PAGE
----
Simeon the fateful servant of God grows old waiting for the Messiah. He grows old, serving God and hoping for the one who will come to save Israel. He carries the hope of an entire people, of generations. And when he finally lays eyes on the baby Jesus, he speaks prophetic words, “Now Lord you let your servant go in peace, according to your word. For my eyes have seen your salvation.”
They are prophetic words not because they predict the future, but because they name reality. Simeon has waited a life time for Messiah. An entire life-time.
These words, “Now Lord you let your servant go in peace” are words spoken each night in evening prayer. They are rehearsed and practiced every night by Christians around the world. They are also words often sung at funerals. The words that Christians use for prayer on a nightly basis are a rehearsal for that final moments of life, for when are at the end. In Advent practice as we wait. We rehearse what takes a life time to get used to. We practice getting to the end. We practice so that we can talk about the difficult things of life, so that we have the words to speak.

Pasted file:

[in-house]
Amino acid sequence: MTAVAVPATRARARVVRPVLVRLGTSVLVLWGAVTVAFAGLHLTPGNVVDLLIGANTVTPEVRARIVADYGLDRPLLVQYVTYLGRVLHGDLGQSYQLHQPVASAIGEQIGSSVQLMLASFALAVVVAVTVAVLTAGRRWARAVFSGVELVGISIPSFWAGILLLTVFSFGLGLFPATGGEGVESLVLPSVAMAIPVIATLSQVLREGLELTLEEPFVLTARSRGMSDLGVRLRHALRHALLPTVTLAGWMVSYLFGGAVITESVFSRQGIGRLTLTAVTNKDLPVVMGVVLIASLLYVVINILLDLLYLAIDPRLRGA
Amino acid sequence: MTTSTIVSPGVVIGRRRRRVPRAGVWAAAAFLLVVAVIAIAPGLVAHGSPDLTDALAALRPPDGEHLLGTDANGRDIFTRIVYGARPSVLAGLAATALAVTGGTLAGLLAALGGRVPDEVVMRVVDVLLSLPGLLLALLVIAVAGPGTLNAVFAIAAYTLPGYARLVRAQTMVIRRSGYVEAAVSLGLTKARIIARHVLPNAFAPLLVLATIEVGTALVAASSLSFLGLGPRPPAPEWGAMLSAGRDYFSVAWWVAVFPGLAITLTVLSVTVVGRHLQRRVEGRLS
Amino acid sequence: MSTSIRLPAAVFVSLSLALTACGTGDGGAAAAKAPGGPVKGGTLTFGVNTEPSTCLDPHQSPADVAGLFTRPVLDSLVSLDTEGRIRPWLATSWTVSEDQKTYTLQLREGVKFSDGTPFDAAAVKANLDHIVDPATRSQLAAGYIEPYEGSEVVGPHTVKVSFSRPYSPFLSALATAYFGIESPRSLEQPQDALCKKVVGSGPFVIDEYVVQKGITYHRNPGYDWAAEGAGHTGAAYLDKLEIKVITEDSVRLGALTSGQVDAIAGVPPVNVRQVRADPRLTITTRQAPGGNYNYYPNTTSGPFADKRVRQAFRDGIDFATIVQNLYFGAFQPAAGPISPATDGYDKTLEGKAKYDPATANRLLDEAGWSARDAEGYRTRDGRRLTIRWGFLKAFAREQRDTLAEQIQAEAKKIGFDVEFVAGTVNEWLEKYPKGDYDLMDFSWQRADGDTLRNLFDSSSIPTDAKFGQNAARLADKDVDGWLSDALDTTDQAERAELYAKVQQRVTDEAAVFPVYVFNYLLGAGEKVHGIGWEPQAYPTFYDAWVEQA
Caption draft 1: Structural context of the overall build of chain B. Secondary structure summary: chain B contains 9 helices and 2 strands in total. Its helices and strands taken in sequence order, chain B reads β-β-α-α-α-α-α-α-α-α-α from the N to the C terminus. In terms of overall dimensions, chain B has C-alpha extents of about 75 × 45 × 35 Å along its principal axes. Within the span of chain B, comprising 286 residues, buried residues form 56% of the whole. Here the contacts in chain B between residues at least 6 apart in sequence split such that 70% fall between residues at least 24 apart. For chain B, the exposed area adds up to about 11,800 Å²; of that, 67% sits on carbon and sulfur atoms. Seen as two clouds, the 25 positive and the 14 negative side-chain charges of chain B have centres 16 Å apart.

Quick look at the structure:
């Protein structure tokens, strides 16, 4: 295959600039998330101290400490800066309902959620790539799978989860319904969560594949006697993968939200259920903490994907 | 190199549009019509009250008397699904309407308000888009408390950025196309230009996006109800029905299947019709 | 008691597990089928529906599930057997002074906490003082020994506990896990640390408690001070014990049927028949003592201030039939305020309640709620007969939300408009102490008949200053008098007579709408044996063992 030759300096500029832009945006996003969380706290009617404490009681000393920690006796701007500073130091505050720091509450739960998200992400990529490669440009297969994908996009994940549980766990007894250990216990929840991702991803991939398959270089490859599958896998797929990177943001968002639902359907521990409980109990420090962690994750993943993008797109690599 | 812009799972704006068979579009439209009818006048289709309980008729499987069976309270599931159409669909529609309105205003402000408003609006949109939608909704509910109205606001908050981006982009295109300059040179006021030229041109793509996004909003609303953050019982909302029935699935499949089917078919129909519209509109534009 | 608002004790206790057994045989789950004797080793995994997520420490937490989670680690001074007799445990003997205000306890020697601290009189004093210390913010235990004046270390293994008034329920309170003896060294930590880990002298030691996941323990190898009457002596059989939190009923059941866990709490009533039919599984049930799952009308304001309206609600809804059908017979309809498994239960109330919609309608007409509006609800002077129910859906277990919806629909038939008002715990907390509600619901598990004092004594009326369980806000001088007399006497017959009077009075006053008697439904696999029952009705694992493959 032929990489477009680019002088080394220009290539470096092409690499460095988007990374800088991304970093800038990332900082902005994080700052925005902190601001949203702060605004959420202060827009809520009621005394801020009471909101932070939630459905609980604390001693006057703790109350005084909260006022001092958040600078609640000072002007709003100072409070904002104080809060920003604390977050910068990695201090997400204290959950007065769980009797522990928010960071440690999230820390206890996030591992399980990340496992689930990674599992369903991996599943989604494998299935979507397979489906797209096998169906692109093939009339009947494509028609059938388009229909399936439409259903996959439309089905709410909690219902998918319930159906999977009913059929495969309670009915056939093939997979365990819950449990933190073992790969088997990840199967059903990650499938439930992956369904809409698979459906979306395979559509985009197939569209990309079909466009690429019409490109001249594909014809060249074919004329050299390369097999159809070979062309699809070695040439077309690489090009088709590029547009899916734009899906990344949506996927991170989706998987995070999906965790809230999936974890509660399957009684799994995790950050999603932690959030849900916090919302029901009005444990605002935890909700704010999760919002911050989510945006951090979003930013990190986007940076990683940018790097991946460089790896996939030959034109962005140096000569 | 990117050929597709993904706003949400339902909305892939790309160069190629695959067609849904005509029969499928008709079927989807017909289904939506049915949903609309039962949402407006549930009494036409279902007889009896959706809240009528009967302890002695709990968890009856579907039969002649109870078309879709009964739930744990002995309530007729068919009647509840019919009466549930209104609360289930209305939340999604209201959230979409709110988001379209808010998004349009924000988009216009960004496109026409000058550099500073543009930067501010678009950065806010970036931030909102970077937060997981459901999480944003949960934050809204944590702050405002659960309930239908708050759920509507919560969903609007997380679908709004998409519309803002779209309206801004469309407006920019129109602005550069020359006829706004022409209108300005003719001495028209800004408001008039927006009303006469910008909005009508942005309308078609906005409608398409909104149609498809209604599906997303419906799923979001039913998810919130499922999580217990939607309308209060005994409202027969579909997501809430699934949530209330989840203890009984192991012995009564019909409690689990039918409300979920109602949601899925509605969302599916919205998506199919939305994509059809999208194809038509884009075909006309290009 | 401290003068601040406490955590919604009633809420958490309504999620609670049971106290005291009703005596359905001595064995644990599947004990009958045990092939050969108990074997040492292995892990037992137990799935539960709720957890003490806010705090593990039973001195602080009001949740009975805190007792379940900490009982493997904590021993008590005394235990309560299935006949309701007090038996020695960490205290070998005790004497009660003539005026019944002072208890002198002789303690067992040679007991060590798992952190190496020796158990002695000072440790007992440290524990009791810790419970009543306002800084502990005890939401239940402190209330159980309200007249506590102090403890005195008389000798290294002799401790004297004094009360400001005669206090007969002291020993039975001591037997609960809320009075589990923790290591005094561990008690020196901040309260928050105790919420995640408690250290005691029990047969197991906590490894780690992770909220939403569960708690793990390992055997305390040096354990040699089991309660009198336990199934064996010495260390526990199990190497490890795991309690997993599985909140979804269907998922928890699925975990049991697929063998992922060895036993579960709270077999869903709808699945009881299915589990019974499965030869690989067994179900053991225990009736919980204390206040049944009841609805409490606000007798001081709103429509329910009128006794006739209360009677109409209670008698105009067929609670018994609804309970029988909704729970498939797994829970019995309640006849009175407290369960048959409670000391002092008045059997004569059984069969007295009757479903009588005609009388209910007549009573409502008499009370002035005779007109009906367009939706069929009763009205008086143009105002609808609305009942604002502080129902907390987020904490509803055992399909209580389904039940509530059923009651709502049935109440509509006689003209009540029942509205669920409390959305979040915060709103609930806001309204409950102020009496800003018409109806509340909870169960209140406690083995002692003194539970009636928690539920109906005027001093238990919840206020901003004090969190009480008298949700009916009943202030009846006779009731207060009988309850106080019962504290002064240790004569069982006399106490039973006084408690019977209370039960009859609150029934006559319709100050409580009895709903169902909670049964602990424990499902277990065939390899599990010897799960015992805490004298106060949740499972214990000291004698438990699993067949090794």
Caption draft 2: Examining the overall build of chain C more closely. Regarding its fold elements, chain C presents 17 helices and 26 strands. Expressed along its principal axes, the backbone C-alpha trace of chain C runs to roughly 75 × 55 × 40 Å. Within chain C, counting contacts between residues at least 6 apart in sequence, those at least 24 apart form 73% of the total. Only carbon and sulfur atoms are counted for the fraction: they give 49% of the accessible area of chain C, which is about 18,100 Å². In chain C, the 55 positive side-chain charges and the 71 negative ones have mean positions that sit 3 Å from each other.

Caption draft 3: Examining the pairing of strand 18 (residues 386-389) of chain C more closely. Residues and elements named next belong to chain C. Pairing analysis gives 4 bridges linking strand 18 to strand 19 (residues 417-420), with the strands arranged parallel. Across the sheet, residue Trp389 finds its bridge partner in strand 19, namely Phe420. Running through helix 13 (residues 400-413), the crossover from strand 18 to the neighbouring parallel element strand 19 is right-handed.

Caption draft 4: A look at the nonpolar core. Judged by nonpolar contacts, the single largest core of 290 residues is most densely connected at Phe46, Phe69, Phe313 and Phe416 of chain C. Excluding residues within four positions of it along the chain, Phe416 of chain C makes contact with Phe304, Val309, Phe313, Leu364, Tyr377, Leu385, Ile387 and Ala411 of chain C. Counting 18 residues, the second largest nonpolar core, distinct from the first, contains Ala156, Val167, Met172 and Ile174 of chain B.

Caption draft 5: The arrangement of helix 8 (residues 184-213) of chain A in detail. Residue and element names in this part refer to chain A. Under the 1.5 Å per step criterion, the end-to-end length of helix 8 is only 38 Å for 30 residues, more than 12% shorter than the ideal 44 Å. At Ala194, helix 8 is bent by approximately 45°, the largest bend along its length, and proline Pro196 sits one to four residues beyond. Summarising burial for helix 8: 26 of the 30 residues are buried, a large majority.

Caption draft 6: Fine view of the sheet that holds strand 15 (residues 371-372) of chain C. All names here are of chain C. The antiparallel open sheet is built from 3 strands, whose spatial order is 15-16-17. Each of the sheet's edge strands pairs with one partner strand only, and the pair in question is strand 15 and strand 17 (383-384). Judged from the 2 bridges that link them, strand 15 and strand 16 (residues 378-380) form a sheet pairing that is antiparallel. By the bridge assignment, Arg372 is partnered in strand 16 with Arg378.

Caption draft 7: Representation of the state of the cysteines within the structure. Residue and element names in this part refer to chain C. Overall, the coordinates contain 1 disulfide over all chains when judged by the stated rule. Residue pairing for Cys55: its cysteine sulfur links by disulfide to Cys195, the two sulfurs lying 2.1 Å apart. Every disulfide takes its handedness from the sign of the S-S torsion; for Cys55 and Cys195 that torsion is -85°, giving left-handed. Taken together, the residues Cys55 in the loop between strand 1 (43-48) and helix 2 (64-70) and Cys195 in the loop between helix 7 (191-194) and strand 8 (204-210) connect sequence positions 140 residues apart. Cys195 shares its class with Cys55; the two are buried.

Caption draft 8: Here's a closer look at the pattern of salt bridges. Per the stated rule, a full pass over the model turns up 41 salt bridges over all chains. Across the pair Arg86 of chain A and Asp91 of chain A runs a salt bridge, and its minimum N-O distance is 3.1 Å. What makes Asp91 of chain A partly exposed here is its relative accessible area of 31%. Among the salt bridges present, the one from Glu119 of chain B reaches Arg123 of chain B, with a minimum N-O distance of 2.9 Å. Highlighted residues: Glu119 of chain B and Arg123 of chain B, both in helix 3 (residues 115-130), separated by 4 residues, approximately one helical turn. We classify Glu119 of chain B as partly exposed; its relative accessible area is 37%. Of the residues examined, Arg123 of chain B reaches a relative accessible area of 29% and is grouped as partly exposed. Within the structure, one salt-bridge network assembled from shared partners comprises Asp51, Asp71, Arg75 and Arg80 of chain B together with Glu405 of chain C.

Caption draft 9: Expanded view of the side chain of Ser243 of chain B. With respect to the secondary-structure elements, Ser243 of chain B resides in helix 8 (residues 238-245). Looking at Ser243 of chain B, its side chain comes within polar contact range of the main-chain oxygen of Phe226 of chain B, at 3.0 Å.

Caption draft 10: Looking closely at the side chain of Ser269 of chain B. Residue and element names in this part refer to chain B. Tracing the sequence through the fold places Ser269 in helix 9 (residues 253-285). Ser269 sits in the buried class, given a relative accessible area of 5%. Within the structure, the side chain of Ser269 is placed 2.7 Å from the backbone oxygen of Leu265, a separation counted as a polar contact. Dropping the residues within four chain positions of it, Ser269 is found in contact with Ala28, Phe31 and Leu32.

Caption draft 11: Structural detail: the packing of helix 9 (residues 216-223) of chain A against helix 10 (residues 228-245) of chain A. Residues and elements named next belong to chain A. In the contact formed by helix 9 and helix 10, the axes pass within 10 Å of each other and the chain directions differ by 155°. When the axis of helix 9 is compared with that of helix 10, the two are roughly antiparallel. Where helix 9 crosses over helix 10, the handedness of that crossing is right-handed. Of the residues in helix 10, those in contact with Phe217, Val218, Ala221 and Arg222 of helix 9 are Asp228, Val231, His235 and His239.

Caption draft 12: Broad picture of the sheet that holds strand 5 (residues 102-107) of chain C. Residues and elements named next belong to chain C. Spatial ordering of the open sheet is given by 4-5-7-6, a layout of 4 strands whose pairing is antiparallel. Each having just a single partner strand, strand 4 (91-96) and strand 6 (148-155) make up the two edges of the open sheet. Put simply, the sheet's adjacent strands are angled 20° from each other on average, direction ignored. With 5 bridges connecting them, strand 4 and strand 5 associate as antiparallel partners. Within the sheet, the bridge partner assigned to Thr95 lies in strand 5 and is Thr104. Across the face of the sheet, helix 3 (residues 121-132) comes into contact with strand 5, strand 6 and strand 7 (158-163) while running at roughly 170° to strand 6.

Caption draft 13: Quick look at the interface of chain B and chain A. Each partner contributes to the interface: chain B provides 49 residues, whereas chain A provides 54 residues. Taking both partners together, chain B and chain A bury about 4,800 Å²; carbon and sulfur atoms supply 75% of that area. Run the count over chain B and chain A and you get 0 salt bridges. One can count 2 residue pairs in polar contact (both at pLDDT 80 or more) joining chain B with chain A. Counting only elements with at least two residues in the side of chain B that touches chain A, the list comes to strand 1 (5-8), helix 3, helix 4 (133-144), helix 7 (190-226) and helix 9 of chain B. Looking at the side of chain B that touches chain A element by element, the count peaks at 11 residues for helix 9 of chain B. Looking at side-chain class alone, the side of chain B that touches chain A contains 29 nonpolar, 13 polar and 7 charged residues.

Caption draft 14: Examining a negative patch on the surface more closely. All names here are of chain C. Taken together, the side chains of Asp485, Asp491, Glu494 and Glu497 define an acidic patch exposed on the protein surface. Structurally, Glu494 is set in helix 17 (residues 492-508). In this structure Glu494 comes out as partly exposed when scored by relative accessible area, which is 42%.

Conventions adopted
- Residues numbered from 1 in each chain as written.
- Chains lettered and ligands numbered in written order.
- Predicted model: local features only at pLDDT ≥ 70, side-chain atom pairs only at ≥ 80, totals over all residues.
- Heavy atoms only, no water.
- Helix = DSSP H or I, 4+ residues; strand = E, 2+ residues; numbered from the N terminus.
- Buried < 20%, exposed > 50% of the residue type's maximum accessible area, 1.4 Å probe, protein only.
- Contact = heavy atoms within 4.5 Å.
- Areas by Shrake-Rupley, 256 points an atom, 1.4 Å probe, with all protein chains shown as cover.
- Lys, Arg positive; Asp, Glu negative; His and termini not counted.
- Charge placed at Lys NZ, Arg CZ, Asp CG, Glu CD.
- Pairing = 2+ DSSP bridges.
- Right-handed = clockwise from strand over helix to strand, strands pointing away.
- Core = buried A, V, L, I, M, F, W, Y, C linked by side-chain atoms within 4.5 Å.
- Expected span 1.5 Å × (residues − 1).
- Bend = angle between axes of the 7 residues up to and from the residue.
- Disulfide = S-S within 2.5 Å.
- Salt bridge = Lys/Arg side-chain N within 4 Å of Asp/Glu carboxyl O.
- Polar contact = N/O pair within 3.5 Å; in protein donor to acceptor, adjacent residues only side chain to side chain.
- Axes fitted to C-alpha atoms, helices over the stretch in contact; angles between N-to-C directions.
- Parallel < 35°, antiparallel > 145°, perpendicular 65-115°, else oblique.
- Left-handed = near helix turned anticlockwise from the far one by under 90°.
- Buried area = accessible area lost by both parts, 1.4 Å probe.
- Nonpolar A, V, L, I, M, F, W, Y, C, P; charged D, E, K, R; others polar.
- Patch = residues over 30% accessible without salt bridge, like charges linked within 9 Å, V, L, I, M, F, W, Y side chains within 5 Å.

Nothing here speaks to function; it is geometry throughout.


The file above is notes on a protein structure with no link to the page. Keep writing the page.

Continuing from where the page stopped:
And the whole while as we wait and practice, God is there with us. Even as we wait for God, God waits for us. As Grandma waited for her end, as we waited and watched, God was right with her, with us, waiting and watching too. That is how God is, while we are expecting for the big show of Christmas, waiting everything to be perfect, shushing or avoid the difficult things, God is showing in the places we least expect. God shows up in Advent, in our waiting. God shows up in our suffering, in our powerlessness. And today, God shows up in death. Because Messiah, who is coming in Advent, is not coming just to lie in a manger. Messiah is coming for the cross, coming to die. And in death, Messiah comes to show us through, to show us the way to the other side. The way to new life in God.
Grandma’s waiting for Messiah ended on the last night of the church year. Our waiting has now started over again. And even as we wait and admit that we are imperfect, flawed, suffering, sinful people, God comes to us. God comes to us in our waiting, comes to us in our suffering. God comes to us in death. And by coming to us in death, Messiah waits for us with New Life, New life that is the next part of the conversation, the part that comes after death, even when we don’t want to talk about it. And that is why we name death today, even thought Grandma wouldn’t like it. Because Messiah has come to show her, and show us New life. And then when our waiting is over, we can say with Simeon:
Now Lord you let your servant go in peace, your word has been fulfilled, for my eyes have seen your salvation.